I’ve been thinking a lot about the concept of connecting vs. networking over the last few days and have posted a few entries to that effect. On reflection, my most recent post sounds almost anti-social media. It’s really not. It’s about understanding the dynamics of your social network, figuring out how to map it to social media in the most effective way, and relating everything back to first principles.

ANALOGY

Everyone has close family and extended family. Close family isn’t necessarily your parents and siblings. I interpret close family to be family members and friends with whom you have a close personal relationship; the cousins that you get together with on a regular basis and the uncle you call three times a week to discuss the latest baseball trade. Extended family is the people you only see at weddings and funerals and you always seem to pick up where you left off as though no time passed since the last major family event. And even though you related to each other in an instant, you talk about getting together and staying in touch and you never do. Your close family are your connections; your extended family is your network.

Like family, your network collects in different places. In fact, you can end up with multiple fractured, yet overlapping, family pods.

OBSERVATIONS

The problem is that there is a finite amount of “you” to go around. If your network is large, being aware of its goings-on and responding to its many and varied requests can result in spreading yourself too thin, or potentially upsetting someone with a delayed response. Given the wrong mix of circumstances, the entire enterprise could collapse: a social supernova.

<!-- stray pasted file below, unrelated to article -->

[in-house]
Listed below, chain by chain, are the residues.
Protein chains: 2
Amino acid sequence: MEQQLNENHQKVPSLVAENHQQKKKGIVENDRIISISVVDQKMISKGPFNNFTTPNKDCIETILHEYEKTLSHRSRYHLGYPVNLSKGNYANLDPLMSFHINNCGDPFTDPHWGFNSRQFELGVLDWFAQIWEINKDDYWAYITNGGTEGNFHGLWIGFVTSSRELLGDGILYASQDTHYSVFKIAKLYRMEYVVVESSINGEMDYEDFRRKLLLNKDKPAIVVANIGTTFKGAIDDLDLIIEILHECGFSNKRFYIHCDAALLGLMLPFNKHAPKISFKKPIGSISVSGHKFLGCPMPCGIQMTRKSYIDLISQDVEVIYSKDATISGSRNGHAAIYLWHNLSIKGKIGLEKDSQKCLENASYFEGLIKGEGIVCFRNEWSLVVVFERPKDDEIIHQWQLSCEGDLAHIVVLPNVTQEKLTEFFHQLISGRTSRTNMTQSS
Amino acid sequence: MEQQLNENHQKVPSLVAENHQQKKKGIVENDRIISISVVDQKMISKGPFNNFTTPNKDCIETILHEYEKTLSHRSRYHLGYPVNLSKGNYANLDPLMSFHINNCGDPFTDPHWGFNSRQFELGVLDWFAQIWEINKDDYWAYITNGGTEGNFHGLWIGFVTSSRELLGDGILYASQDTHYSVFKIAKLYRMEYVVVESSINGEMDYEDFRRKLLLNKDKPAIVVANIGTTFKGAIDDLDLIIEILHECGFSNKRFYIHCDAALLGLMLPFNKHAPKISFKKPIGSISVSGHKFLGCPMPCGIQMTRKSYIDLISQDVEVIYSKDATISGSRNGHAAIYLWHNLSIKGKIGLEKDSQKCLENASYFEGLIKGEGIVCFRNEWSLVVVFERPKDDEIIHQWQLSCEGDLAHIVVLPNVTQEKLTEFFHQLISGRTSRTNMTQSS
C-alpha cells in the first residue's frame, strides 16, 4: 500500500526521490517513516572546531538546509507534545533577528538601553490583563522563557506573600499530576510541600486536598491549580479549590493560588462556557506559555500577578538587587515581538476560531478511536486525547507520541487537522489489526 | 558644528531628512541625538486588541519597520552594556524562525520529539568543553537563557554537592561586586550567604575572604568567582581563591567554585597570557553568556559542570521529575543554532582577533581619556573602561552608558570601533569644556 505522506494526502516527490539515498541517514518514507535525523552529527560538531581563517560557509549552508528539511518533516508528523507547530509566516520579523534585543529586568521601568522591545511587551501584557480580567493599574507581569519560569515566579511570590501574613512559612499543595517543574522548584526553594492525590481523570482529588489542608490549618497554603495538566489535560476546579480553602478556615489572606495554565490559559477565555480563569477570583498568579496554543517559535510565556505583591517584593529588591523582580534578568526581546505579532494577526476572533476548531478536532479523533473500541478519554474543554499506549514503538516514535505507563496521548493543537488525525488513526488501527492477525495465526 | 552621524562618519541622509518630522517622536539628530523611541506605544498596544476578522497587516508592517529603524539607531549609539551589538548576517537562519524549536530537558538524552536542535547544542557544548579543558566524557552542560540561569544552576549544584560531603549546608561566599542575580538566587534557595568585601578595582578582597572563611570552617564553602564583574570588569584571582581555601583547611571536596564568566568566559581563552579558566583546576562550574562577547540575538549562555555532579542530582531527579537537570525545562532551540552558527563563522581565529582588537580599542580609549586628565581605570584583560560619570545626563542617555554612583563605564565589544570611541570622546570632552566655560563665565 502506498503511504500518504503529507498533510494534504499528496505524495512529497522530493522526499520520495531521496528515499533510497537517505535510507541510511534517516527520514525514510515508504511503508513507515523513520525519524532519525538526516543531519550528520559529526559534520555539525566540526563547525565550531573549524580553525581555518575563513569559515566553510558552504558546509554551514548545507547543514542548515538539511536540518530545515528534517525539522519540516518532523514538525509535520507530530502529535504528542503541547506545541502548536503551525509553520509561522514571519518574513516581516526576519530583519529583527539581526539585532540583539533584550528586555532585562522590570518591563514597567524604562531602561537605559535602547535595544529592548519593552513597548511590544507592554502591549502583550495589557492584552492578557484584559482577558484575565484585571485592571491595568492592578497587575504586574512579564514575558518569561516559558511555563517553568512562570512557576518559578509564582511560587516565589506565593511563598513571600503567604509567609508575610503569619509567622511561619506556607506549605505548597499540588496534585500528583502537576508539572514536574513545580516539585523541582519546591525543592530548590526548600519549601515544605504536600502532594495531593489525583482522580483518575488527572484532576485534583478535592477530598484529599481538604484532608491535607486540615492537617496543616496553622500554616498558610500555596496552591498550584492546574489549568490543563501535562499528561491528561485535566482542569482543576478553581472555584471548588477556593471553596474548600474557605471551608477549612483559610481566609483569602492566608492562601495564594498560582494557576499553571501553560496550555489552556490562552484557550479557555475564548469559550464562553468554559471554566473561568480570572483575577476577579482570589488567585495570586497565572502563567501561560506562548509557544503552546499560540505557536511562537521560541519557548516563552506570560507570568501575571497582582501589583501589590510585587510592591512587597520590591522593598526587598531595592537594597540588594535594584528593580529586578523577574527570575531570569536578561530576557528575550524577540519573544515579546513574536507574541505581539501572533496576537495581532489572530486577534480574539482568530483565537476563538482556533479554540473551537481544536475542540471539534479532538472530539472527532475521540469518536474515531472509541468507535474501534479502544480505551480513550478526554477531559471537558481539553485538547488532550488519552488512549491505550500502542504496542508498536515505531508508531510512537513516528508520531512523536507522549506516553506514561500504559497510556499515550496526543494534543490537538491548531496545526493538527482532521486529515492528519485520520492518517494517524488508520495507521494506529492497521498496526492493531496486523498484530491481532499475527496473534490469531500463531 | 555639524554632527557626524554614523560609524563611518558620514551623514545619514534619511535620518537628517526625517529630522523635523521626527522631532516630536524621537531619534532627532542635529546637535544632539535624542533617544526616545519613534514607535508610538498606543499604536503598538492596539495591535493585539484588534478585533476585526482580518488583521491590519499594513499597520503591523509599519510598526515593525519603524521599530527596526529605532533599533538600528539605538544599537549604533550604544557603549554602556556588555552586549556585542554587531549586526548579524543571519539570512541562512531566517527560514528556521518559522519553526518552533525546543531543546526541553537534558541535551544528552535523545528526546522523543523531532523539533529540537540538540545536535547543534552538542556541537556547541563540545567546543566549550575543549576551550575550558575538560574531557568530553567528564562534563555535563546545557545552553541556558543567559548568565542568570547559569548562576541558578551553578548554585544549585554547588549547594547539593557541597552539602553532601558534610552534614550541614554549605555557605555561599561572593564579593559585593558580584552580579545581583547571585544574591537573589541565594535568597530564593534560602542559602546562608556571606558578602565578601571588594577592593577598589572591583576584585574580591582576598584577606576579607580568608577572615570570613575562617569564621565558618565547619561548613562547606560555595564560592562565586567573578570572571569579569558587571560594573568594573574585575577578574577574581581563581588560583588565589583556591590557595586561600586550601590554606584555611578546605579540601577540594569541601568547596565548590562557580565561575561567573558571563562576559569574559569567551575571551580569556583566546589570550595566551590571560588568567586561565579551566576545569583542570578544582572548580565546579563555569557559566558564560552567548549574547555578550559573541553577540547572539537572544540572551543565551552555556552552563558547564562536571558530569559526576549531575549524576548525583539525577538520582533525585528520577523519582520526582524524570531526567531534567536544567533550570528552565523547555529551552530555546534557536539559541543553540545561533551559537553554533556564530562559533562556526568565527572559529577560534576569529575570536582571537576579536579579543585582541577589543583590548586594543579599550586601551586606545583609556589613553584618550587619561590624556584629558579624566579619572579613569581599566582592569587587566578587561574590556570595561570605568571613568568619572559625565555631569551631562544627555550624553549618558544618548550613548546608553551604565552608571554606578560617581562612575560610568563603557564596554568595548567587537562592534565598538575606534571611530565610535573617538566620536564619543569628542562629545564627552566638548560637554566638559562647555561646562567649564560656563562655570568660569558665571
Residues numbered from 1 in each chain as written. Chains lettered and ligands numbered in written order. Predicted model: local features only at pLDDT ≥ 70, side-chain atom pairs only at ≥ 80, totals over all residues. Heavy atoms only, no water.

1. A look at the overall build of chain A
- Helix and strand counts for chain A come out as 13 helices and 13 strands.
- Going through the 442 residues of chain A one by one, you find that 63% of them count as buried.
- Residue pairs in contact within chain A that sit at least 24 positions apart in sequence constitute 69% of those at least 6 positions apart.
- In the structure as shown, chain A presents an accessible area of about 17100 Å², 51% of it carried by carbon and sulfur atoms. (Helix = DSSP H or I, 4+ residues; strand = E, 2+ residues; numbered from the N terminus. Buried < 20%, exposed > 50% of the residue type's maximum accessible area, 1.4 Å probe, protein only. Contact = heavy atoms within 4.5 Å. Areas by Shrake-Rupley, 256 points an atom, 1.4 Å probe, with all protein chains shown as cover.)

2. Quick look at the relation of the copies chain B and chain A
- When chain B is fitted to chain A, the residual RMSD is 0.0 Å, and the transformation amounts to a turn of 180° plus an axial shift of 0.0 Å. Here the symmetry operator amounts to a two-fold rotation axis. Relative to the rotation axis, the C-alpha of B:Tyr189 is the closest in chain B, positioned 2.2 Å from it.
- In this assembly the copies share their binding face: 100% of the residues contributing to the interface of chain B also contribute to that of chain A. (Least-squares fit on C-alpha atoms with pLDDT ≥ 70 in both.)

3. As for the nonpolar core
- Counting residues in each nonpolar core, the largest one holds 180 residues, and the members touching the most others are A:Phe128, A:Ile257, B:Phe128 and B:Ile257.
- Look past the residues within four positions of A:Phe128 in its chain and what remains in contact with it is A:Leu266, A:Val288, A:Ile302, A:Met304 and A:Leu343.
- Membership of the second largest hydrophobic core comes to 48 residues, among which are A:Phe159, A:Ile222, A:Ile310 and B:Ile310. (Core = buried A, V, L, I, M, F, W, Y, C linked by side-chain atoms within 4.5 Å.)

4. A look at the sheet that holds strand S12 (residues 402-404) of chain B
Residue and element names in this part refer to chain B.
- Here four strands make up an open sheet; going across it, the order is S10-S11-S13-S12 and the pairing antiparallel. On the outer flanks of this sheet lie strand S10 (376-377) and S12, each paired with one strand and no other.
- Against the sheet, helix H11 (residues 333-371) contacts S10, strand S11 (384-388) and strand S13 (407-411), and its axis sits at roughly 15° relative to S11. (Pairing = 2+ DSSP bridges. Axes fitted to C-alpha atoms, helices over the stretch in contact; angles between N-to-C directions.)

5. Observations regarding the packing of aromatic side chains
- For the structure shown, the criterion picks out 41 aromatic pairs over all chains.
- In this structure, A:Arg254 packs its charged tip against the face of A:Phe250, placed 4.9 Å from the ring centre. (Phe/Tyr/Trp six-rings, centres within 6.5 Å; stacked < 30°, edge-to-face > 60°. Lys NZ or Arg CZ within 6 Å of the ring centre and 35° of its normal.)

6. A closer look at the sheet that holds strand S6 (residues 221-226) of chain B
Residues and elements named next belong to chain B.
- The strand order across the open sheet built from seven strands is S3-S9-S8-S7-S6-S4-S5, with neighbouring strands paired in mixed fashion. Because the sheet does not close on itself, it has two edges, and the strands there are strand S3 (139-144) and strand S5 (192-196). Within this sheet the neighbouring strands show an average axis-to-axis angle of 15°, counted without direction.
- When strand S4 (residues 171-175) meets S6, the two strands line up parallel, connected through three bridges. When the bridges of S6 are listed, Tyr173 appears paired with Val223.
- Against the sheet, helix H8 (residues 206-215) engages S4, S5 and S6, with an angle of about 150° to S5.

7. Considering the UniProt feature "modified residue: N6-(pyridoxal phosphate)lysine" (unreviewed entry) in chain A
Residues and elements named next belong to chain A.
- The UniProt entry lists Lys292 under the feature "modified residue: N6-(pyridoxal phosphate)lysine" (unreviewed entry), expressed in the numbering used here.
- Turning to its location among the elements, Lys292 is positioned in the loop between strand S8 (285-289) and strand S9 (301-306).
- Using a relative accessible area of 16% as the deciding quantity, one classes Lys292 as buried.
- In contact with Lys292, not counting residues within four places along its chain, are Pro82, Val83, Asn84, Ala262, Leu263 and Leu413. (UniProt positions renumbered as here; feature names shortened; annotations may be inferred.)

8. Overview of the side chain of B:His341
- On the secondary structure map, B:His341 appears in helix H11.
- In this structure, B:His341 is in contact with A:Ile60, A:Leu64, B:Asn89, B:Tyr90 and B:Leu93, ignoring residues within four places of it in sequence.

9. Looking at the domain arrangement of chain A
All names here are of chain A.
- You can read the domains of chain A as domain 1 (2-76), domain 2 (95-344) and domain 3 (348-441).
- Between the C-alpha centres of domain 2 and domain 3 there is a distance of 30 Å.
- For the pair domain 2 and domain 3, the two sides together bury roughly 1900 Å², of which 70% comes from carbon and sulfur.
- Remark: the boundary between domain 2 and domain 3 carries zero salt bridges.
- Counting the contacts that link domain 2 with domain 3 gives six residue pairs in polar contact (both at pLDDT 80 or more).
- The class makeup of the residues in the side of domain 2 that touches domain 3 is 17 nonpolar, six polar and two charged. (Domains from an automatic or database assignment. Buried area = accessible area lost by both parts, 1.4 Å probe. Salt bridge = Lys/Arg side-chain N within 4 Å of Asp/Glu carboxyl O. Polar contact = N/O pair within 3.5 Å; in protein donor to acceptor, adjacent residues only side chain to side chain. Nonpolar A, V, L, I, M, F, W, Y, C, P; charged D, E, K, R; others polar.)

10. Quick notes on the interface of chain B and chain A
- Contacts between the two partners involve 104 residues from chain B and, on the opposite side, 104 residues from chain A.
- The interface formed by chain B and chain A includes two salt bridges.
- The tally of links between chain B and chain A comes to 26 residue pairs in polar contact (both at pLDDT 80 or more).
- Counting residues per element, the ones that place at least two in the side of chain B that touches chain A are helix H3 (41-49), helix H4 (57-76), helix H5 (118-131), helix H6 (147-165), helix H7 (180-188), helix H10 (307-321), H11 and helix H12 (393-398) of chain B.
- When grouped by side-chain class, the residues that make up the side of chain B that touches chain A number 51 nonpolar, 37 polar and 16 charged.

It’s not about a lack of wanting to connect with people — or a disingenuous suggestion to do so — it’s about being realistic about the role that your network plays for you, and the role that you want to play in your network. It’s about associating with the right network, establishing (and establishing yourself in) the right community, and taking care of your genuine connections. It’s about understanding that your connections can drift outward and inward at various times and always knowing how to manage the dynamics.

ASSUMPTIONS

  • A majority of networking, community building, and connecting occurs online.
  • Powerful social-media tools materialize and vanish on a near daily-basis.
  • No one tool manages everything that you want it to.
  • Elements of your “macro” network appear in multiple gathering places, not in one single location.

PROBLEM

How can we achieve a panacea of social-media? Do the tools exist to easily and logically synthesize each one of your networks into a single unit?

It’s 1:10am… expect more thoughts from me on this in the coming weeks. In the meantime, what are your thoughts?